- On December 1, 2010, FCC Chairman Julius Genachowski revealed his draft Open Internet order which will be voted on at the FCC’s planned December 21 meeting. Although the order has not been publicly released, the Chairman outlined its principles in a speech Wednesday morning. The order would require transparency and prohibit blocking for both wireless and wireline broadband Internet access, and will apply a nondiscrimination rule to wireline broadband. The order also focuses on “lawful content,” a seeming concession to groups like the Motion Picture Association of America which has concerns about copyright violations through file-sharing services. “Reasonable network management” was highlighted in his remarks as a way for broadband providers to “deal with traffic that’s harmful to the network or unwanted by users, and to address the effects of congestion.” The order also includes usage-based pricing as a possible model to match price to cost, a billing method already in place for mobile broadband, but one that has not gained much traction for wireline services. The order does not reclassify broadband as a Title II service, but officials have suggested that it relies at least in part on Section 706 of the Communications Act which requires the FCC to take steps if broadband is not being deployed to all Americans in a reasonable and timely manner. The most recent 706 report, released on July 20, 2010, had found that broadband deployment to all Americans was not reasonable and timely, and the FCC has already accepted comments on next year’s report.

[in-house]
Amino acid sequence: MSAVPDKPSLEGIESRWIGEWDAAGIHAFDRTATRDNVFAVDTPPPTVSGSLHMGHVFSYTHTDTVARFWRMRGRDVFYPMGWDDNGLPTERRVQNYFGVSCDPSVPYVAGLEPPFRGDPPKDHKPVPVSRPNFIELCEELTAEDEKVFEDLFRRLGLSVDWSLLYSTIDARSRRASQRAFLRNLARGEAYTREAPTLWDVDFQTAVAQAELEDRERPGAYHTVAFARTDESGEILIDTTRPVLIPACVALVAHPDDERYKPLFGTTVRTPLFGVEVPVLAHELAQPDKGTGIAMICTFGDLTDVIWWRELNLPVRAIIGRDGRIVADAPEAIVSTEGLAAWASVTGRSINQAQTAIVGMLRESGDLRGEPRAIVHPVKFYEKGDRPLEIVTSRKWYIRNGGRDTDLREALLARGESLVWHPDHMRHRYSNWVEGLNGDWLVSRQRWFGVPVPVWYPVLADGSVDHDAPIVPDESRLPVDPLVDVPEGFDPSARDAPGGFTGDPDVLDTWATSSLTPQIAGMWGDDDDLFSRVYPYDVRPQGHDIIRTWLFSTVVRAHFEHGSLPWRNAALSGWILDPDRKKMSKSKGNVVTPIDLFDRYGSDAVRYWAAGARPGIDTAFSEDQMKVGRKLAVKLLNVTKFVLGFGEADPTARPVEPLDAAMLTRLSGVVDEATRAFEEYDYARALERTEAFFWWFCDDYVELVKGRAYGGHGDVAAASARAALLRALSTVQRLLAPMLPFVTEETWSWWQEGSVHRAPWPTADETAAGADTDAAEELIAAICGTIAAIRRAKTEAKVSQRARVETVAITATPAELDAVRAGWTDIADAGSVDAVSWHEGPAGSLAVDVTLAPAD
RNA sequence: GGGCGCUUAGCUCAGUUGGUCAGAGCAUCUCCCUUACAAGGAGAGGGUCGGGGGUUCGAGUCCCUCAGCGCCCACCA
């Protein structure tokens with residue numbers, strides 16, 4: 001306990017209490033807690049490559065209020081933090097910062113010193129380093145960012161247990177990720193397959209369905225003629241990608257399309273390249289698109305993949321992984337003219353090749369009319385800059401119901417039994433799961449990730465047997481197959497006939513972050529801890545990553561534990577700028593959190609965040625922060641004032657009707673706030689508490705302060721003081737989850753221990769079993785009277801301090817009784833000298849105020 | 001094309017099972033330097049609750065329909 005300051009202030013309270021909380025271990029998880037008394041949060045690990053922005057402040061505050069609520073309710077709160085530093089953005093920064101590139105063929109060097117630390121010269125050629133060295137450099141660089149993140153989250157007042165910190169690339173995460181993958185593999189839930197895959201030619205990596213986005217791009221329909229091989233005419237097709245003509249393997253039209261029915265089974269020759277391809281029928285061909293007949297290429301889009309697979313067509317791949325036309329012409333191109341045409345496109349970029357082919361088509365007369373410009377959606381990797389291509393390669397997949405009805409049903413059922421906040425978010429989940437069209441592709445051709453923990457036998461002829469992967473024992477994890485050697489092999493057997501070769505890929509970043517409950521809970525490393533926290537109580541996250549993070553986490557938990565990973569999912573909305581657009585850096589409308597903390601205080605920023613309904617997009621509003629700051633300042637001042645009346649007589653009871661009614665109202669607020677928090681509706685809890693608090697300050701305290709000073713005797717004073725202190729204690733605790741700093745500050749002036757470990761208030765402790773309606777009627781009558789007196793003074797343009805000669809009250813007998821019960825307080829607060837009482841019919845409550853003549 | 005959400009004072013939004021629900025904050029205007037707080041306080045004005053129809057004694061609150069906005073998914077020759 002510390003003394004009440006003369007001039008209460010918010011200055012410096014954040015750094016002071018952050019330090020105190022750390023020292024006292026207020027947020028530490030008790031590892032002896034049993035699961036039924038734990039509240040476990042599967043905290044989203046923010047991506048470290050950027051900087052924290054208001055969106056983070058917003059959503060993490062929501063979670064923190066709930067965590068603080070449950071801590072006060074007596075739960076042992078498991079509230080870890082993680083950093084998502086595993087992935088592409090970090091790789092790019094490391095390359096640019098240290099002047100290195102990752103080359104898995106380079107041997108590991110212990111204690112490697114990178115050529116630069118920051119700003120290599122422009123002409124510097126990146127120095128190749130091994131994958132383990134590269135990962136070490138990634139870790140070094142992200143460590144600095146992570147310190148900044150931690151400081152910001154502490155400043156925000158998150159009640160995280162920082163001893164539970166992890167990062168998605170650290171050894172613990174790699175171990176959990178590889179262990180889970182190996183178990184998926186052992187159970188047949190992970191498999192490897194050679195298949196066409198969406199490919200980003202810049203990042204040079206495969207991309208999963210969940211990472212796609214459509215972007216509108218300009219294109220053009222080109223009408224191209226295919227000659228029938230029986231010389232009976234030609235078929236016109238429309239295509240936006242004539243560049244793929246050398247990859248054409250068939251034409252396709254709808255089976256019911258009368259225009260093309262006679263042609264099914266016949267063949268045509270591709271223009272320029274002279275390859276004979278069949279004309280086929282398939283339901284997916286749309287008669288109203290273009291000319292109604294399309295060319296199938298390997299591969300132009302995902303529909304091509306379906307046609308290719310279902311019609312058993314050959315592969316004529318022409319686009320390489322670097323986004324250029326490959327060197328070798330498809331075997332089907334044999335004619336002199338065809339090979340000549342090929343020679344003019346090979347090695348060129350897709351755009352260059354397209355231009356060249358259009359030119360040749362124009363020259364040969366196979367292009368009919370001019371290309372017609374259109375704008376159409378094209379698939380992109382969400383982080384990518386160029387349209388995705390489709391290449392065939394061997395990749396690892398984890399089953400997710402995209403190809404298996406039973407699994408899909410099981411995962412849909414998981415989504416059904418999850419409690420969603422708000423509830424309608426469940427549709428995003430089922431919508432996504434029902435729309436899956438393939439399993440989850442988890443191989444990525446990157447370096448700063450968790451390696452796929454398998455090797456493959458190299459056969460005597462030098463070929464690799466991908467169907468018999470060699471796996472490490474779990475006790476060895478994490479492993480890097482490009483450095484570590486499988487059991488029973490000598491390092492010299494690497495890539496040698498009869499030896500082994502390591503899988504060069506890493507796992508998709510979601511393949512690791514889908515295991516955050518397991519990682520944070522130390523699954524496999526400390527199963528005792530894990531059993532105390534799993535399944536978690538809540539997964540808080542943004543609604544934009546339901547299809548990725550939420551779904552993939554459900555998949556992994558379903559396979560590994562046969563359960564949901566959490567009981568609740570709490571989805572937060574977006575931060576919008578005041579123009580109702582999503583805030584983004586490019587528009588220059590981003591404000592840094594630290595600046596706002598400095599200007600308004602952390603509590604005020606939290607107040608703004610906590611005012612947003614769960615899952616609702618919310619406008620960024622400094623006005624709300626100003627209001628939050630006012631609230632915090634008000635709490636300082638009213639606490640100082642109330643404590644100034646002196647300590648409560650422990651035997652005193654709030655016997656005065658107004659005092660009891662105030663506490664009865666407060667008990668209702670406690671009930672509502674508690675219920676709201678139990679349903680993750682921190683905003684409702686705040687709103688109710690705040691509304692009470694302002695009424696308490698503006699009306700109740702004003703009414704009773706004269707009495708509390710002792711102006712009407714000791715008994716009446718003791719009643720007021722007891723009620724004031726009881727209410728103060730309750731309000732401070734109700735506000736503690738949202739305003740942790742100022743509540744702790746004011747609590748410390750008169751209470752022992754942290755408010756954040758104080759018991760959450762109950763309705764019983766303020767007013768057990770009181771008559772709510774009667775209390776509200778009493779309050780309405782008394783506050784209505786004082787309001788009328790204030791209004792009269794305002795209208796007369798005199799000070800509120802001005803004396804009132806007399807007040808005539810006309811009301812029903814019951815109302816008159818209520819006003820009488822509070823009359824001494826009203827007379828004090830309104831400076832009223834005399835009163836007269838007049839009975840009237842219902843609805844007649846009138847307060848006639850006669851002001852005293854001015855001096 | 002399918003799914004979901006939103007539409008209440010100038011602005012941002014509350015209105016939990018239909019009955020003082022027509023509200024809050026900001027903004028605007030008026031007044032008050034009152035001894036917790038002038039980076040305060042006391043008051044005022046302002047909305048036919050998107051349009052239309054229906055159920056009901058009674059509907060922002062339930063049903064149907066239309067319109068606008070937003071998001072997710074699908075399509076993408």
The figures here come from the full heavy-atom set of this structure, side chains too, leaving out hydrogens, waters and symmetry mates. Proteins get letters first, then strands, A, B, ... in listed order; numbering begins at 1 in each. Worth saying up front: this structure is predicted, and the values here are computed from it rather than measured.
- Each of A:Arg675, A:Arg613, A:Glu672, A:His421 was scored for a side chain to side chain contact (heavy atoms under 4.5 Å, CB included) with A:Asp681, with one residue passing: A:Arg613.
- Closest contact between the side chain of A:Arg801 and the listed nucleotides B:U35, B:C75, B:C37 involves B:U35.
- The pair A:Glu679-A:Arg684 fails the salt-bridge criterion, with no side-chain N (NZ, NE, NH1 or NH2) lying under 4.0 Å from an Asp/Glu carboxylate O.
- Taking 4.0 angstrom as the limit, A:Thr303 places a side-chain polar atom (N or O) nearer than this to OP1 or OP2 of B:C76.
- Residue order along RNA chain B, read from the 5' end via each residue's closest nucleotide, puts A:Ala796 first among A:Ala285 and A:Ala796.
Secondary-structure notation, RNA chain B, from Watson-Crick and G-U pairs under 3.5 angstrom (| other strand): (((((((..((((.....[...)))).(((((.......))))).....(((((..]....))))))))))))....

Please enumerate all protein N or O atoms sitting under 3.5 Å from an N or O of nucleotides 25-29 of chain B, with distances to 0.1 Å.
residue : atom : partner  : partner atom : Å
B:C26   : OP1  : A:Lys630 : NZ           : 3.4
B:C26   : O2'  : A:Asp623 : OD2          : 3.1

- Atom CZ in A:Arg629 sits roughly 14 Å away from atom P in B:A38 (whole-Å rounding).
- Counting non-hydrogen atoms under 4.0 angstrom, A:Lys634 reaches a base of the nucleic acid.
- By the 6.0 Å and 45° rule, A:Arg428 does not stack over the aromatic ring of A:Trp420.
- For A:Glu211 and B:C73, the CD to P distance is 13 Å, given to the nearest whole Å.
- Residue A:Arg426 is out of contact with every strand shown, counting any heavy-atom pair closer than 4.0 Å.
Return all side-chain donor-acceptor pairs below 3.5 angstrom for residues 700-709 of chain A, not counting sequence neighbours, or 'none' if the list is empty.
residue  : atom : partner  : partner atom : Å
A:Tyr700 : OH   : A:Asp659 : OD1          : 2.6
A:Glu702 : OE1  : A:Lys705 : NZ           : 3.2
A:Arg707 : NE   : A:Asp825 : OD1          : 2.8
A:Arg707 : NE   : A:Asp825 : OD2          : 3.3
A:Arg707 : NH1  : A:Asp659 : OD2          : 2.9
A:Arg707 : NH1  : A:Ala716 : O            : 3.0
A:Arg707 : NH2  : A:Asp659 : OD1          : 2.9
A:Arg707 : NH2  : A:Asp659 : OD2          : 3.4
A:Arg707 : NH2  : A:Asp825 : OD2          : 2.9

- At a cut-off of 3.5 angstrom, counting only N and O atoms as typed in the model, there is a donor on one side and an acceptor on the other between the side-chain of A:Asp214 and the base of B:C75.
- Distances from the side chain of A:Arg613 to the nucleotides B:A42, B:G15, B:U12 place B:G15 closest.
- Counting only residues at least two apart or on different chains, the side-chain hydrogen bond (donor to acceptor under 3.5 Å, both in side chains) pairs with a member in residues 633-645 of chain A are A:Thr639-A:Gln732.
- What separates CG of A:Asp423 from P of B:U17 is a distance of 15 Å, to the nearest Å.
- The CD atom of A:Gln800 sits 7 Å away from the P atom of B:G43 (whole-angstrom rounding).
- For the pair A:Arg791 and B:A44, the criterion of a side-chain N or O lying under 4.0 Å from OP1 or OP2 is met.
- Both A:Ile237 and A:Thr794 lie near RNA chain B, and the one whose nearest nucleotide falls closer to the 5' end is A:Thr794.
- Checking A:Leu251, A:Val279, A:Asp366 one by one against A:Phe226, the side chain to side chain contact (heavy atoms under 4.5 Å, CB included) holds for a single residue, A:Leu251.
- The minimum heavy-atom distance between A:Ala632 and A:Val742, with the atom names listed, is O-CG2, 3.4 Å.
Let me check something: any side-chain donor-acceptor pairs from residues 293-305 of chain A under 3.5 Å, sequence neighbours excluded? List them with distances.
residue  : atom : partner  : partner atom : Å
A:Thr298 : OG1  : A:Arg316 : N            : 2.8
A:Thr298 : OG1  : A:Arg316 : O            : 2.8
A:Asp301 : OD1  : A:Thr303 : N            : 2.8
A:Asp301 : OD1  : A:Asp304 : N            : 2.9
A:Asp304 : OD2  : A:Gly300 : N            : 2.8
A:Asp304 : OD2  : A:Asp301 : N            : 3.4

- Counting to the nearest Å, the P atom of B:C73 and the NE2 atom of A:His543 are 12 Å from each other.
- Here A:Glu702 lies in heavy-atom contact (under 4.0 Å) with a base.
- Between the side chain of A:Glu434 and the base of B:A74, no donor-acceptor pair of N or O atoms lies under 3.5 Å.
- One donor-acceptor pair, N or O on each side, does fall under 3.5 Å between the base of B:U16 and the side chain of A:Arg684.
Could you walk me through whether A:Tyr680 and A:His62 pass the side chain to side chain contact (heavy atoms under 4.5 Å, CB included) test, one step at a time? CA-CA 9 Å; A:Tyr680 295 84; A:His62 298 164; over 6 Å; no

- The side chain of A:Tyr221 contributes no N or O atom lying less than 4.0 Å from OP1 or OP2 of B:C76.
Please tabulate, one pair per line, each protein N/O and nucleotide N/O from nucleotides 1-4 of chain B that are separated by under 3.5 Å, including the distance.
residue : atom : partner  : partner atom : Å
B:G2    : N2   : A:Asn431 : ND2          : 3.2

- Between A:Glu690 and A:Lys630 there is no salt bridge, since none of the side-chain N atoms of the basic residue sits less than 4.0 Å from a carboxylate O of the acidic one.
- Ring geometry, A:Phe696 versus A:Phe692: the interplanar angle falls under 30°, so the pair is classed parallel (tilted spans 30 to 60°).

- Reaction to the Open Internet order across the industry was mixed, as reflected in statements from the other Commissioners. The draft order has angered both those who wanted more regulation and those who wanted no regulation. Republican Commissioners criticized the plan, with Commissioner Meredith Attwell Baker stating the FCC did not have authority to act and that it should wait until the new Congress convenes. Commissioner Robert M. McDowell stated that he “strongly oppose[s] this ill-advised maneuver.” On the other hand, Commissioners Mignon Clyburn and Michael J. Copps expressed general support for the measure, although Mr. Copps did say he supported “the strongest protections we can get.”
Chairman Genachowski’s speech is available here.
Commissioner Baker’s statement is here.
Commissioner McDowell’s statement is here.
Commissioner Copps’ statement is here.
Commissioner Clyburn’s statement is here.
- The European Union (EU) has opened an antitrust investigation into whether Google manipulated its search results such that smaller search competitors were “downgraded” while giving its own services “preferential placement.” The investigation will also examine whether Google demanded exclusive deals with companies using Google’s advertising services, such that those companies could not advertise with other search engines. Google promised to cooperate in the investigation “to address any concerns.”
- The dispute between Comcast and Level 3 heated up this week, and the FCC is looking into the matter. Level 3 seeks relief from Comcast’s imposing additional charges for the broadband connections between the two companies due to the expected increased traffic from Level 3’s carriage of Netflix streaming. Level 3 argues that the charges have net neutrality implications, because Comcast is creating a “toll booth” for Internet traffic and Comcast has a competing video product. Comcast has stated that the dispute has nothing to do with net neutrality. Level 3’s press statements are available here. Comcast’s FCC filing on the matter is available here.